School district bans transgender first-grader from using girls’ bathroom

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Six-year-old Coy Mathis was born male, and thus presumably has all the appendages males tend to have. The difference is that Mathis wears girls’ clothes all the time. Also, teachers and administrators at Mathis’ elementary school use female pronouns when addressing the child.

Over the course of the past year, the first-grader had also used the girls’ bathroom at Eagleside Elementary School in Fountain, Colorado near Colorado Springs, reports ABC affiliate KMGH.

In December, however, the school banned Mathis from using the girls’ bathroom. Since winter break, the new policy has been for Mathis to use either the boys’ bathroom, a teacher’s lounge bathroom or the nurse’s bathroom.

In response, reports NBC affiliate KOAA, the Mathis family filed a civil rights complaint against the Fountain-Fort Carson School District with the Colorado Civil Rights Division. There was a press conference Wednesday afternoon.

“By forcing Coy to use a different bathroom than all the other girls, Coy’s school is targeting her for stigma, bullying and harassment,” attorney Michael Silverman said, according to KMGH.

In addition to representing Mathis, Silverman also serves as the executive director of the Transgender Legal Defense and Education Fund, an organization based in New York City.

“She’s already beginning to experience the kind of discrimination that we’re working to stop,” Silverman added, according to KOAA. “We want her to be treated like every other girl at school.”

Kathryn Mathis, the child’s mother, said the new policy creates an unnecessary stigma.

“You see a little girl walk into the boys’ bathroom, that’s setting her up in an unsafe situation,” she said, according to KMGH. “You see her having to walk quite a ways from her classroom to the adult staff bathrooms or the nurse’s restroom, and you’re singling her out when you do that.”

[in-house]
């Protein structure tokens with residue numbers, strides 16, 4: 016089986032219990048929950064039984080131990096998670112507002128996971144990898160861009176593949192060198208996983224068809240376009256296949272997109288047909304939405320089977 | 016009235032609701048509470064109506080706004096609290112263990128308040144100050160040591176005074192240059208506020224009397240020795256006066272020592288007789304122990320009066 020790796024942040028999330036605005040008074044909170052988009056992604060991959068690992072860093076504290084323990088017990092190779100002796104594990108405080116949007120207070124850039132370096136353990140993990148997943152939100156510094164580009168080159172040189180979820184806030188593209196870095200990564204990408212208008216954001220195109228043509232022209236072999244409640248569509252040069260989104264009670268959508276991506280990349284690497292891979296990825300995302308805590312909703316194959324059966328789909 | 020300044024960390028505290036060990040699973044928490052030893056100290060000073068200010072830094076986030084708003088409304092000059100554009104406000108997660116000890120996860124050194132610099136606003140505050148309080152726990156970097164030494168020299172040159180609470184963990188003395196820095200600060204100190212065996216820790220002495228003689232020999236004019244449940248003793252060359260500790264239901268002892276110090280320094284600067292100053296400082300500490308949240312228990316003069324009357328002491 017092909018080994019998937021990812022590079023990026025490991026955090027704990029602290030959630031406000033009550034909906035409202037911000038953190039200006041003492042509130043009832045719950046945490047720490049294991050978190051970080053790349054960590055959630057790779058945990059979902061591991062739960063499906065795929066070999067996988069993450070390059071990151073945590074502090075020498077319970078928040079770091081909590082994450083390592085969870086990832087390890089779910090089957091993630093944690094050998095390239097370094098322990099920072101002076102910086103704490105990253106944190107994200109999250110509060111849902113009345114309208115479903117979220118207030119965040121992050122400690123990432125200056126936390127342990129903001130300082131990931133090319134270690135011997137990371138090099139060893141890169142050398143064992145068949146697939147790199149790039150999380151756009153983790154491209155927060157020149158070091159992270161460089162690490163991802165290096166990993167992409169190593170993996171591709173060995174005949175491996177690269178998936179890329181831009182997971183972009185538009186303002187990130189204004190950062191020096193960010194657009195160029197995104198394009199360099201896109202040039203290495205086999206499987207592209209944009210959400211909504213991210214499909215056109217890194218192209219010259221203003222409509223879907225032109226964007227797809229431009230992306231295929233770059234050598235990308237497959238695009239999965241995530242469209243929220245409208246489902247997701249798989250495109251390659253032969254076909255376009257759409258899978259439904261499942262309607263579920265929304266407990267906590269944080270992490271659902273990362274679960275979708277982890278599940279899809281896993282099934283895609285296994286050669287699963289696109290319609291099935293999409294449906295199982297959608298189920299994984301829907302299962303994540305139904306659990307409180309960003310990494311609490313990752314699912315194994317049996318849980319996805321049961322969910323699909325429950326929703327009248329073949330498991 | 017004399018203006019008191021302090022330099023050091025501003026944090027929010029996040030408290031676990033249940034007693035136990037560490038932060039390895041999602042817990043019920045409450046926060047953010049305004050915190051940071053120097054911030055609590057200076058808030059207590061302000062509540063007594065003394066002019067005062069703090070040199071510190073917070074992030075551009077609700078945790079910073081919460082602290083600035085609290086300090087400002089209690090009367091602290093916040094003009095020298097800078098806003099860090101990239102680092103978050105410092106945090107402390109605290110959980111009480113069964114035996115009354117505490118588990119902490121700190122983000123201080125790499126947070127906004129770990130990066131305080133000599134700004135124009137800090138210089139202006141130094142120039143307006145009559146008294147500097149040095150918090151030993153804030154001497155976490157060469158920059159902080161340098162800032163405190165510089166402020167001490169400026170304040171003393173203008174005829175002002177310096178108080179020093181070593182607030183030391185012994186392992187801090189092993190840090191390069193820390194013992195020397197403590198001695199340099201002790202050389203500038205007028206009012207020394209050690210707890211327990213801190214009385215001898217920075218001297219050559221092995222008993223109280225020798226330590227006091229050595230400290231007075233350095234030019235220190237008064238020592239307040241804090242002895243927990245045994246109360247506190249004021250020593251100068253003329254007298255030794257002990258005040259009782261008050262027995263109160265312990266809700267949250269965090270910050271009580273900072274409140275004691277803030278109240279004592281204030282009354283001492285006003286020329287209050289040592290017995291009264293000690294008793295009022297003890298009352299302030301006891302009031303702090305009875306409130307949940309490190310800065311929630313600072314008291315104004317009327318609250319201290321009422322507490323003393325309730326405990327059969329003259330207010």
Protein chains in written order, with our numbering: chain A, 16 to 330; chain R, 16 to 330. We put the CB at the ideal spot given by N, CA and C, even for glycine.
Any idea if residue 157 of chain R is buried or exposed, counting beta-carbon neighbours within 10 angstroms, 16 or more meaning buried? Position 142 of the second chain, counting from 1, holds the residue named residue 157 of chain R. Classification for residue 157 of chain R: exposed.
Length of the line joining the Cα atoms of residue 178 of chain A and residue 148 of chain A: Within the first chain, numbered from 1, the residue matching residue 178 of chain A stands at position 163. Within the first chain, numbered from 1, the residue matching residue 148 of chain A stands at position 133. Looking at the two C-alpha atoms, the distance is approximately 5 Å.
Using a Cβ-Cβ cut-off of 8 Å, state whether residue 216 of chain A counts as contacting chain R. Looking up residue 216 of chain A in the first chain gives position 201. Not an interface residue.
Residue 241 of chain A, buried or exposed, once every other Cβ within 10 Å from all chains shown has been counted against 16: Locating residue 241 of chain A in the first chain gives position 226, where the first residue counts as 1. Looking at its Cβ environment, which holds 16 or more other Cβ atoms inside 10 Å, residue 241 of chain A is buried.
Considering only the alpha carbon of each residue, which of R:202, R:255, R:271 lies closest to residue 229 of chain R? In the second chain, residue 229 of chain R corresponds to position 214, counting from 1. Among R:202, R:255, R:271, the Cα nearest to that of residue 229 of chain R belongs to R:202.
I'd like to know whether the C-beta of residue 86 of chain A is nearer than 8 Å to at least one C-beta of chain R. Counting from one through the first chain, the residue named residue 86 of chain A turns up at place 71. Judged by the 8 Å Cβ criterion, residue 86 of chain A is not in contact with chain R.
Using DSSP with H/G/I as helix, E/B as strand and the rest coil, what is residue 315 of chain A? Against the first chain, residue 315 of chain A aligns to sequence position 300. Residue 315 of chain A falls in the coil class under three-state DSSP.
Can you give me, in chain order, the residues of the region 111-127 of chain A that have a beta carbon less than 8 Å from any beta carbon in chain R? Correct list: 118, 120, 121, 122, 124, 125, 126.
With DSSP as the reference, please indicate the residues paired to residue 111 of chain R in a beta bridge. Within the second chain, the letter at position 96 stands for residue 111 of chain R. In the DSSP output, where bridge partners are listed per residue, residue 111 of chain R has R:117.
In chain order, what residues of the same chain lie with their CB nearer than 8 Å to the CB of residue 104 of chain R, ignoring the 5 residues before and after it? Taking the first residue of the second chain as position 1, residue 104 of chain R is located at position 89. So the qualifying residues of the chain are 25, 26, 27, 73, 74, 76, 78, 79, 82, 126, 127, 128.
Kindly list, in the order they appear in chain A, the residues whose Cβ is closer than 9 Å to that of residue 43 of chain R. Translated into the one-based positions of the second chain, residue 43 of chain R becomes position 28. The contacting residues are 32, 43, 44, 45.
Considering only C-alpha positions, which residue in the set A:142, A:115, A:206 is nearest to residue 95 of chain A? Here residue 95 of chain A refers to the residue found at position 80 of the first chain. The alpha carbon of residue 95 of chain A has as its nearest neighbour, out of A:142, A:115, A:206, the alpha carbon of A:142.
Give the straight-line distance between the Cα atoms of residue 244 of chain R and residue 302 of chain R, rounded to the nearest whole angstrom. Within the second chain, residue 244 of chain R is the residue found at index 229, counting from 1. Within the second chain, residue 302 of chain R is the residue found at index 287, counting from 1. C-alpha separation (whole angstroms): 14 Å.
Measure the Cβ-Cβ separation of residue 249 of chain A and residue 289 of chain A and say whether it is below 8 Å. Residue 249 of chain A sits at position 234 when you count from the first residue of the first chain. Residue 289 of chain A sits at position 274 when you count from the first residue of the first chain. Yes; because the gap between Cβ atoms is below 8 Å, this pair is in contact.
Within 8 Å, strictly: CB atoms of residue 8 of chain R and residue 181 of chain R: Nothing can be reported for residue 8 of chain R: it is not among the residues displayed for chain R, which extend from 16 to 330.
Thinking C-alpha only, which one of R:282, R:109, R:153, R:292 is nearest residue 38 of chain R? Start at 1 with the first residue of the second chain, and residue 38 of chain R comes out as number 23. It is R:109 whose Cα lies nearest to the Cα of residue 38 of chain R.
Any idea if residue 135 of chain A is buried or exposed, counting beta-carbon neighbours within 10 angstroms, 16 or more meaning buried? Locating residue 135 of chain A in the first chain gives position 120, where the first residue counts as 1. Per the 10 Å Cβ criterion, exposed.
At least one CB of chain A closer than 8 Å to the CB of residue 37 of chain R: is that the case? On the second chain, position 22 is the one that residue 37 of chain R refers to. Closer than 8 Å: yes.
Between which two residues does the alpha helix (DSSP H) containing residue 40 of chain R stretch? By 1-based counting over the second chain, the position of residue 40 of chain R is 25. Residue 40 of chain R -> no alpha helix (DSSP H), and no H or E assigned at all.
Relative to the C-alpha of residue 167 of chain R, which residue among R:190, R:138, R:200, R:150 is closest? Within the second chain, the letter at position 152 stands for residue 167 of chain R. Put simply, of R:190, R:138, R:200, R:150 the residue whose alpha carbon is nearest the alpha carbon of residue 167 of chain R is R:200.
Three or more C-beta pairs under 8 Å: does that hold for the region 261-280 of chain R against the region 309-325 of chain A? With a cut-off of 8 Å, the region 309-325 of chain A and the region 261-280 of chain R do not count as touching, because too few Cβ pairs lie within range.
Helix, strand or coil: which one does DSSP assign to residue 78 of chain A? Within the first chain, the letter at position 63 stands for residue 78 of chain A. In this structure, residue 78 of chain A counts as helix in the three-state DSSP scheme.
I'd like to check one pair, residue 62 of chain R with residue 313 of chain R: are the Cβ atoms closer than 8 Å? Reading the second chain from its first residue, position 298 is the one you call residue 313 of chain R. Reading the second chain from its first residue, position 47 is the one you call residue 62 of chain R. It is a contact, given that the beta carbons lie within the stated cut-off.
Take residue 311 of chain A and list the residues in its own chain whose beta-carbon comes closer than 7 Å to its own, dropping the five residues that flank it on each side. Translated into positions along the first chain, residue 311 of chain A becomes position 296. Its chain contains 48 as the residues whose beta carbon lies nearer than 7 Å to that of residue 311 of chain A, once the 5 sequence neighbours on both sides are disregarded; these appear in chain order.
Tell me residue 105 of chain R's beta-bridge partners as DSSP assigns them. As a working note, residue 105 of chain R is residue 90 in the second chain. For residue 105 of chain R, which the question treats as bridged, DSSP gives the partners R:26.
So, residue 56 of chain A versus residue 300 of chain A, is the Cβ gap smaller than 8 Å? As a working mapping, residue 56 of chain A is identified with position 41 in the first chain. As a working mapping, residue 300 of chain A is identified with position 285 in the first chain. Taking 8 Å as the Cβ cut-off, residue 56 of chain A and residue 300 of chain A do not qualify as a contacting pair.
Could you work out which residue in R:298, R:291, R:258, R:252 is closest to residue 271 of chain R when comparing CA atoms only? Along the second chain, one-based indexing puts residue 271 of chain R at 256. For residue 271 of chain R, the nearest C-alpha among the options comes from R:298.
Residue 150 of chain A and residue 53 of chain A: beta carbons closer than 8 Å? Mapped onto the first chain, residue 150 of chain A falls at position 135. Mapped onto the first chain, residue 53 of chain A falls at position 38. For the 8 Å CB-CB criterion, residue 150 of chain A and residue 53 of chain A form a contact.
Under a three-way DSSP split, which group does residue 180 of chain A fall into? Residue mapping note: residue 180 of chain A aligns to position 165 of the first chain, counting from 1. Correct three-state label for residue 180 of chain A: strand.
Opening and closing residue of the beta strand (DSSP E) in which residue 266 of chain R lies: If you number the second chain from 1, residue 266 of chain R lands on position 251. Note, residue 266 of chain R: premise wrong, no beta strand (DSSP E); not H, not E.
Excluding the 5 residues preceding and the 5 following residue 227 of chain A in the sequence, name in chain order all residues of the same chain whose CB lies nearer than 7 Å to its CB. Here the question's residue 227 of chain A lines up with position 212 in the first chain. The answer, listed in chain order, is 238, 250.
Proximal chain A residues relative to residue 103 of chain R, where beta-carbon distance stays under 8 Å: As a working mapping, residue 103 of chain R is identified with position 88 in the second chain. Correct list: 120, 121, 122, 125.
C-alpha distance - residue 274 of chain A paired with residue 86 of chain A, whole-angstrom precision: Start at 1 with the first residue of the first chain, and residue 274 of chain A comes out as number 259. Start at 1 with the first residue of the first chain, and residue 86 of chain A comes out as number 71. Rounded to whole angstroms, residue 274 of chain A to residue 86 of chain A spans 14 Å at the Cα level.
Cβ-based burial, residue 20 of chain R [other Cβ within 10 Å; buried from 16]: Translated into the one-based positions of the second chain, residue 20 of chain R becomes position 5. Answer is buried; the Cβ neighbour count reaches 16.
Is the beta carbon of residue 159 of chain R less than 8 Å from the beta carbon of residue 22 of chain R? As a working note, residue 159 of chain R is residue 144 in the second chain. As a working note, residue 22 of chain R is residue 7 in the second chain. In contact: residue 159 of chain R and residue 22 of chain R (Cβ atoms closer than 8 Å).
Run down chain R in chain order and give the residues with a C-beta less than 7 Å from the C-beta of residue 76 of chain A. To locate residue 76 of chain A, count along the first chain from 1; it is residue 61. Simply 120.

Reporting about this story has been heroically one-sided in favor of the Mathis family. Part of that bias is certainly due to the fact that the Mathis family has been on a P.R.-blitz, while the Fountain-Fort Carson School District hasn’t had much to say in the media beyond a terse general statement. 

“The parents of Coy Mathis have filed a charge of discrimination with the Colorado division of Civil Rights,” part of the statement said. “They have chosen to publicize this matter by appearing on a nationally televised show with their child, sharing their point of view with national and local media, and holding a public press conference to announce the filing of the charge. The District firmly believes it has acted reasonably and fairly with respect to this issue.”

(The nationally televised show was “Katie,” a syndicated talk show hosted by journalist Katie Couric.)

School officials are concerned about what will happen to the child later on — in middle school and high school — when gender and sexuality will be more important to all the other students, KOAA says.

At the press conference, Kathryn Mathis told reporters that Coy began to identify as a girl “as soon as she could express herself.” She described Coy as restless and generally miserable before the parents decided to permit the transgender child to dress like a girl and act like a girl.

“We couldn’t get her to leave the house, go the playground, play with friends,” Mathis said, according to KMGH. “She would break down crying. She was so deeply unhappy and a three-year-old or four-year-old shouldn’t be that unhappy and that was when we sought professional help.”

Coy Mathis is a triplet (along with a brother, Max, and a sister, Lilly). There are two other siblings as well, one older and one younger.

Since the school district changed its policy, the family has taken Mathis out of school.

The Coy Mathis saga is the first-ever legal challenge under Colorado’s Anti-Discrimination Act of a transgender person’s ability to use the bathroom assigned to a particular gender.

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Eric Owens